RICHMOND, Va. (WTVR)–Just one day after learning she’d been accepted into the University of Virginia, James River High School senior Madison Ruddy is also learning that her family will pay $12,458 for her first year of education.
UVA recently announced a 4 percent tuition increase.
“My dream is to go to medical school,” Ruddy says. “If the cost continues to rise, that’s definitely going to affect me.”
In the last few weeks, UVA, Virginia Tech, Virginia Military Institute and Virginia State University have all announced tuition hikes ranging from 2.9 percent to 5 percent.
The College of William and Mary’s governing board approved a 14 percent increase in annual tuition for incoming students, but locked it in for the next four years.
Republican State Delegate John O’Bannon says he believes tuition increases will put an unfair burden on many Virginia families.
“The average Virginia family is going to have a hard time keeping up with this,” O’Bannon says.
The tuition increases come on the heels of legislation passed by the Virginia General Assembly in 2012 that gave an additional $230 million to Virginia’s colleges and universities.
O’Bannon says the 2-year initiative was passed, in part, to keep tuition rates from rising.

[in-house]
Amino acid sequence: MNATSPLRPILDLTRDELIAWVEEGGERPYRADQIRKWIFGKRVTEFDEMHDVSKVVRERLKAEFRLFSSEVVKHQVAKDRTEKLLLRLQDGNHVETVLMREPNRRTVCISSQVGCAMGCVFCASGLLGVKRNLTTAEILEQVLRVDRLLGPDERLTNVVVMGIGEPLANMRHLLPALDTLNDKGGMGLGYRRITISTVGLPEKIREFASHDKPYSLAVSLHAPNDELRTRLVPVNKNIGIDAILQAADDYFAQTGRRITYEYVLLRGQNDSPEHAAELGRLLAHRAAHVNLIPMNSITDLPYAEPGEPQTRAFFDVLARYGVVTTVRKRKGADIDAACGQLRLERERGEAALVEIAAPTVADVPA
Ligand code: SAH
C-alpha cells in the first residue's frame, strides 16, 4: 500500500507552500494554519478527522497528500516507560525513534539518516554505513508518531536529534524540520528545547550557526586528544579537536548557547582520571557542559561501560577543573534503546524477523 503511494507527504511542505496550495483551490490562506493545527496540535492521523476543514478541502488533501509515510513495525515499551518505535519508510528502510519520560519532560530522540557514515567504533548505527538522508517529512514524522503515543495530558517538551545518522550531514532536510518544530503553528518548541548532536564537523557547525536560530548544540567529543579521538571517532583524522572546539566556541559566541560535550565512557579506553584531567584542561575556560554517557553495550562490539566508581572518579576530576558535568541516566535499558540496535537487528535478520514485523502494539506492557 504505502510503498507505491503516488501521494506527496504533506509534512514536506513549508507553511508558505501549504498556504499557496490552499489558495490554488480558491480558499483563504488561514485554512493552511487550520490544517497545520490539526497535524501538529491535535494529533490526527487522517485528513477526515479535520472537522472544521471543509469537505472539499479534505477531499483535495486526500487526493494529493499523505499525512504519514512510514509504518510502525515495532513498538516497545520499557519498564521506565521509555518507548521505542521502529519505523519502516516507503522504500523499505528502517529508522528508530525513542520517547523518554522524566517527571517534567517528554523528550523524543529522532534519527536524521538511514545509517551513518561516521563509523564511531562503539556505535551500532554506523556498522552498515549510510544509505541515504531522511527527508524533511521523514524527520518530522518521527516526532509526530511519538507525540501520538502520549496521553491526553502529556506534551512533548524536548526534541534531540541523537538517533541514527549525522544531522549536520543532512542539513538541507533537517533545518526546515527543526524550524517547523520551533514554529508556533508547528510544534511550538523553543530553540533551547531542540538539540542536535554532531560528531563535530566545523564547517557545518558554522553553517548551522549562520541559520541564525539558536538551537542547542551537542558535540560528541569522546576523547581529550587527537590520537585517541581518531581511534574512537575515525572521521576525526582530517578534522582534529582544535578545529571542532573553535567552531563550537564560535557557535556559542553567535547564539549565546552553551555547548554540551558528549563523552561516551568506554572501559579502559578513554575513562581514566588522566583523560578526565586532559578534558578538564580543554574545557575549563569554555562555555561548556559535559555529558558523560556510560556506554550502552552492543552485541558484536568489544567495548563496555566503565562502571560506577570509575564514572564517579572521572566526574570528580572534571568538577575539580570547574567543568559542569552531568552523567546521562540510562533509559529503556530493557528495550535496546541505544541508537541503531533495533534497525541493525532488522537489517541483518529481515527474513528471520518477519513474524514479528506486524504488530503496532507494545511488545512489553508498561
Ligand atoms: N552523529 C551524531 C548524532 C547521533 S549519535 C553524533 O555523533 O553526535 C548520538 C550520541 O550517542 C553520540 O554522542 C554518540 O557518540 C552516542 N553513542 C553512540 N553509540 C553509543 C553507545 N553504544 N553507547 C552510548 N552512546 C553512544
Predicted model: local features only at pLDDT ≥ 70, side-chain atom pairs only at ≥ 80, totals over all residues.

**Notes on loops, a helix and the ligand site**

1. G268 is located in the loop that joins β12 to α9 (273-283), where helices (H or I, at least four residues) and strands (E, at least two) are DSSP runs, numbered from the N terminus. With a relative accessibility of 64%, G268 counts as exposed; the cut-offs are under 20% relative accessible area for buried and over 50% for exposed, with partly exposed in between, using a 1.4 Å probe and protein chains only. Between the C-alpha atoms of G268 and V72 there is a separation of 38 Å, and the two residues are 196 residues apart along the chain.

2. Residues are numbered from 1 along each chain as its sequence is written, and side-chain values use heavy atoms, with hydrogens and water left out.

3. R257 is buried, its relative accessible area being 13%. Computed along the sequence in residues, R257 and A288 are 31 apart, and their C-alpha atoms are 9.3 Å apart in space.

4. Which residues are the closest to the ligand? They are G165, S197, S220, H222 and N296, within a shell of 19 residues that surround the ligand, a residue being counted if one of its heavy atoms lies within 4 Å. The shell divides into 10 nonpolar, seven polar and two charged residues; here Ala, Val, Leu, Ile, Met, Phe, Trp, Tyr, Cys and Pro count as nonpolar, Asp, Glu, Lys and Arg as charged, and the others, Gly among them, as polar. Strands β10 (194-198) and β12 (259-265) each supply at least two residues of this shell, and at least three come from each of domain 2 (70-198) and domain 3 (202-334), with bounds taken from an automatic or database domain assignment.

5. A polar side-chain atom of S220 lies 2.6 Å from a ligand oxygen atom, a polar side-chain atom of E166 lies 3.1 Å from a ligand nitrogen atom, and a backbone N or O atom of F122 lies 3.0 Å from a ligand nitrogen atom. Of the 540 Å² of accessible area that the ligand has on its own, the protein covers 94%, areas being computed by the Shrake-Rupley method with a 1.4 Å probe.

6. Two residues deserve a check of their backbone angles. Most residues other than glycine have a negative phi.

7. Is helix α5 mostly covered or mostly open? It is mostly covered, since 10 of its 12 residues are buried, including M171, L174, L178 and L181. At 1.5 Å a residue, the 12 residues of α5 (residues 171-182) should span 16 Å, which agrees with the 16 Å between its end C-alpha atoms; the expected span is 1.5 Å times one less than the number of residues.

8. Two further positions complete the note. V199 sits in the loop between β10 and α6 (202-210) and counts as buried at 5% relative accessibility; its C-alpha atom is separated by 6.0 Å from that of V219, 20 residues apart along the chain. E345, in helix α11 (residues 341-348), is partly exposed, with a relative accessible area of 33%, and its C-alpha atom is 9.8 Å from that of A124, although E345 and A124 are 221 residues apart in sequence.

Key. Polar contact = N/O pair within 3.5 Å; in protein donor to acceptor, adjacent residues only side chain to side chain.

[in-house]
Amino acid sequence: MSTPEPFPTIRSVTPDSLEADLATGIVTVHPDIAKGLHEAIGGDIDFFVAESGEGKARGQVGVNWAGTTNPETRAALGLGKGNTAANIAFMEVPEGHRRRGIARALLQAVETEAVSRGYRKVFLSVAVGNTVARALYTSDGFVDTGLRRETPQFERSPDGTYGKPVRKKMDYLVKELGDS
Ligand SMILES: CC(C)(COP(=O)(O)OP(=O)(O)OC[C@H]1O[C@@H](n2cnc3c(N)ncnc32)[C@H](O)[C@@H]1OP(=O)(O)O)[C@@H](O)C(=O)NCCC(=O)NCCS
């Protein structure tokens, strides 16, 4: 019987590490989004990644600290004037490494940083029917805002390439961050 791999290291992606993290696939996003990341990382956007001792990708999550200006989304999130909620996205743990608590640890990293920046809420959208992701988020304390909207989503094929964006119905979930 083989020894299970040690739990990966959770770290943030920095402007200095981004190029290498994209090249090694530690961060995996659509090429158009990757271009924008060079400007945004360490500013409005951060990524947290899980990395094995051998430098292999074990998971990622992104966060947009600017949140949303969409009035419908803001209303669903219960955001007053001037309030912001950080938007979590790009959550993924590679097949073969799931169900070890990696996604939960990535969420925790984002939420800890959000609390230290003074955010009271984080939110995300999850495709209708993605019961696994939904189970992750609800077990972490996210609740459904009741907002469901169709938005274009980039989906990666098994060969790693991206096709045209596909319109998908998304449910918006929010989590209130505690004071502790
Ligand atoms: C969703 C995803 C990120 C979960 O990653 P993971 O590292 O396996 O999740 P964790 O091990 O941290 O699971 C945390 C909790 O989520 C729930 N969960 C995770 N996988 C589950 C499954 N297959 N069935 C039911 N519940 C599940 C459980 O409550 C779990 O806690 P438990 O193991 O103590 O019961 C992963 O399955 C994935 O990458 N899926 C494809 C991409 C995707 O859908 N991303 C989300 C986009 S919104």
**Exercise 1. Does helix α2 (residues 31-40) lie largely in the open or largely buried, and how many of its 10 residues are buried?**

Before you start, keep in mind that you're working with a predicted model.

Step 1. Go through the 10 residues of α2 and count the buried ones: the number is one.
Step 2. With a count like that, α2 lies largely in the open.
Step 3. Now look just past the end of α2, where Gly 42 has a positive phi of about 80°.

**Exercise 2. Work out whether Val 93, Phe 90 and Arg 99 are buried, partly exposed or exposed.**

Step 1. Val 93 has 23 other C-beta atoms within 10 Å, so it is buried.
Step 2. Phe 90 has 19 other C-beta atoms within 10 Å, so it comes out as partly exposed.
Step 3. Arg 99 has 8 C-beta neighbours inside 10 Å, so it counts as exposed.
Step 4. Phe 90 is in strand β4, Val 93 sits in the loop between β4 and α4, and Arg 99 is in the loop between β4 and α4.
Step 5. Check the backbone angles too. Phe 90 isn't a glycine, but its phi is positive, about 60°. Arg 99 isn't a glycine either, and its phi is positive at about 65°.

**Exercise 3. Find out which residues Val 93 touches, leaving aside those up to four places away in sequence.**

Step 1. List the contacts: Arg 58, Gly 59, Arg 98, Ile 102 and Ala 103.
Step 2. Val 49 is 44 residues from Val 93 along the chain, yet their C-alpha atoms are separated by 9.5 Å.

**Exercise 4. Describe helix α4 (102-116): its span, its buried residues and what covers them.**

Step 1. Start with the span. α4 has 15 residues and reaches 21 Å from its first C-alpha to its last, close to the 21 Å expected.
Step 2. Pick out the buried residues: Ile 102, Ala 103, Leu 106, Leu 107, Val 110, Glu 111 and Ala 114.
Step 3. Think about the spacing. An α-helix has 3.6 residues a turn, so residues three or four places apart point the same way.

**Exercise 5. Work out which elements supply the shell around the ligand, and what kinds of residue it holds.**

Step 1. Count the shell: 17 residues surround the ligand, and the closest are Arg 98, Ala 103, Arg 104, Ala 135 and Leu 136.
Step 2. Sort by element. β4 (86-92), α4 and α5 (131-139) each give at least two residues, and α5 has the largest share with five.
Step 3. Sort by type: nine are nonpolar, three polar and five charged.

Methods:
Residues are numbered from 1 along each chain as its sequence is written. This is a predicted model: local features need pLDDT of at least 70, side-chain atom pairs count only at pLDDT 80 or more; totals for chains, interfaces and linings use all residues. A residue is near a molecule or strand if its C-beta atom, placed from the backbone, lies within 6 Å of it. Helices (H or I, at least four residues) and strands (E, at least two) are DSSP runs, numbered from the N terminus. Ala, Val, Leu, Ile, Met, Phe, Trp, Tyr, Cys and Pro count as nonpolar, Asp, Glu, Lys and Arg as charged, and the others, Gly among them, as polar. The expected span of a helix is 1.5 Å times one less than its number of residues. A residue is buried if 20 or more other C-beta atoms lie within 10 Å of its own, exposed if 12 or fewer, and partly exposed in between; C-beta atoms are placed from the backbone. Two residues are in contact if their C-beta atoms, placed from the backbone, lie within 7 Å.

In a letter to college presidents last year, Governor Bob McDonnell asked schools to hold down tuition. The governor argued that Virginia students have seen double-digit tuition hikes annually, on average, for the past decade.
“This trend is unacceptable and cannot continue,” the governor wrote.
O’Bannon says while tuition caps were not written into the legislation, there was an unspoken understanding with state colleges and universities. “We clearly had an understanding and a commitment that part of what we did would be met by the universities keeping the tuition down.”
Many institutions argue that state budget cuts have forced governing boards into difficult fiscal decisions.
According to a report by the State Council of Higher Education, between 1992 and 2012, general fund appropriations to public higher education in Virginia fell from 14 percent to 10 percent of total state appropriations based on the revised budget for FY12.
On a per student basis, general fund appropriations declined by 23 percent at four-year institutions over the same time period.
In 2012, the governor pledged to continue to make new investments in higher education in future budgets as the economy improved.
However, O’Bannon believes colleges could dig deeper to make cuts that would decrease the need for tuition increases.
“I would love to see real good business level accountability,” O’Bannon says.
James River High School senior Mo Waddell says the rising cost of college is the primary reason he’s enlisting in the Marines after graduation.
He hopes to attend college later using his GI Bill.
“I’ll do four years active duty and then four years in the reserves while I go to school,” Waddell says.